Short of going to my other computer and opening the *.xcf and undoing all the changes to see how I did it, I can't think of any other answer. I think it's to do with the size of the layer. There has to be a lot of empty space to the right when you use the Wind Filter. It'll create the smudging effect which then becomes the rays. Sorry again that I couldn't explain it better.
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#15 User is offline   Barrakooda 

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Posted 01 November 2007 - 09:12 PM

thx Optical, finally got it sorted. I was messing up the resize part, i eventually found it on the drop down box under canvas size window, had to select "visible imag layer" or something.

Pity I cant upload it from work comp ( and im out bush atm) so will have to wait till i get back home.
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#16 User is offline   Opticalorange99 

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Posted 02 November 2007 - 12:36 AM

No Problem. I'm glad it helped. I got stuck on the resize part too.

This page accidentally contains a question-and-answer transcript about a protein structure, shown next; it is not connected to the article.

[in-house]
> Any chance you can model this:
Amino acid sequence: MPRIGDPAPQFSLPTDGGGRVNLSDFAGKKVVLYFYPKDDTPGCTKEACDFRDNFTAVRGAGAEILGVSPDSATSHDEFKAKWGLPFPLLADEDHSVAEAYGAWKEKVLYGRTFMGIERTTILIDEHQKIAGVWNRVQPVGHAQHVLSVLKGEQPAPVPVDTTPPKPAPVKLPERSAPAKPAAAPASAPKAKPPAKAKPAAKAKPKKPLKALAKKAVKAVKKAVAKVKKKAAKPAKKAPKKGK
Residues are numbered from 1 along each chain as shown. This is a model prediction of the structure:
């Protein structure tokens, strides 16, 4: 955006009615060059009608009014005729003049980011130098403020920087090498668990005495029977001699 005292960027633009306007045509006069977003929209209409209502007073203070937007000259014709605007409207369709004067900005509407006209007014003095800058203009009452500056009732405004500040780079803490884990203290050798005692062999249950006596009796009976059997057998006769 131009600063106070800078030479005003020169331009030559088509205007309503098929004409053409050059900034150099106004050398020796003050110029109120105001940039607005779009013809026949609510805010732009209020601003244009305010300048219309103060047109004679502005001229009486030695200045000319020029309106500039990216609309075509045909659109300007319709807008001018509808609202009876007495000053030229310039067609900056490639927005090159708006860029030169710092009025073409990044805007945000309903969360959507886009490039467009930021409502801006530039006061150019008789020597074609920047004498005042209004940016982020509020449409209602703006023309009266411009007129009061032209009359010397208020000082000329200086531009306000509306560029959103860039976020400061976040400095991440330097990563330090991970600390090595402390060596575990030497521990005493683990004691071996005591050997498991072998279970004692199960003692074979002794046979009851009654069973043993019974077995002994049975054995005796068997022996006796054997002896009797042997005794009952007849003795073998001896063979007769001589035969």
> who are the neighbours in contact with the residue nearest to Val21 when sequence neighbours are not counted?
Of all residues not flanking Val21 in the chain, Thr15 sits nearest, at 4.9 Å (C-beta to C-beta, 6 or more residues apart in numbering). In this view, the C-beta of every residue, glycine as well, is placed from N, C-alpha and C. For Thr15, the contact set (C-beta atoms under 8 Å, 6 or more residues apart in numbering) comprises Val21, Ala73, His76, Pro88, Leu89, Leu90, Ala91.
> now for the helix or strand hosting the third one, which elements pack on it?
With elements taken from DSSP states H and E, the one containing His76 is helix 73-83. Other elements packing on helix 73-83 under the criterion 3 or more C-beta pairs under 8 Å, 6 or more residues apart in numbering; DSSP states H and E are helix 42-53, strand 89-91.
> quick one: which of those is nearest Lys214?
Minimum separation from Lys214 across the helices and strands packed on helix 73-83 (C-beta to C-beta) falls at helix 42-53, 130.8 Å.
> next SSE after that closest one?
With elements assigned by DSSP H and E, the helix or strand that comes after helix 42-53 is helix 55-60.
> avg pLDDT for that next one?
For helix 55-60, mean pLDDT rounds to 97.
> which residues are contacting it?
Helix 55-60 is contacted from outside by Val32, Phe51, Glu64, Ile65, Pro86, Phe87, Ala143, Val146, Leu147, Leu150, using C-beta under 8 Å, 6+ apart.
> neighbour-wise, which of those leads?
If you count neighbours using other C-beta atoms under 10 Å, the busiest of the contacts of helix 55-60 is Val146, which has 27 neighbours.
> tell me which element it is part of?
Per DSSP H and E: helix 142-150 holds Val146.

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#17 User is offline   JugeCorwin 

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Posted 02 November 2007 - 01:22 PM

really cool tut
i've tried many other base images before that i found one that could match
here's my result :
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#18 User is offline   ThePopaSmurf 

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Posted 02 November 2007 - 02:59 PM

Now does anyone have a tutorial for making dirt instead of using a photo? :)
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#19 User is offline   alexiadeath 

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Posted 18 November 2007 - 01:54 AM

I used a picture cutout of a earth stone fence with VERY neat results.

See for yourself: http://alexiadeath.d...he-end-69369959
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#20 User is offline   XyllyX 

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Posted 18 November 2007 - 02:14 AM

Marvin X was working on something like this...but I dunno as he ever got the tute wrote. Not a bad effect.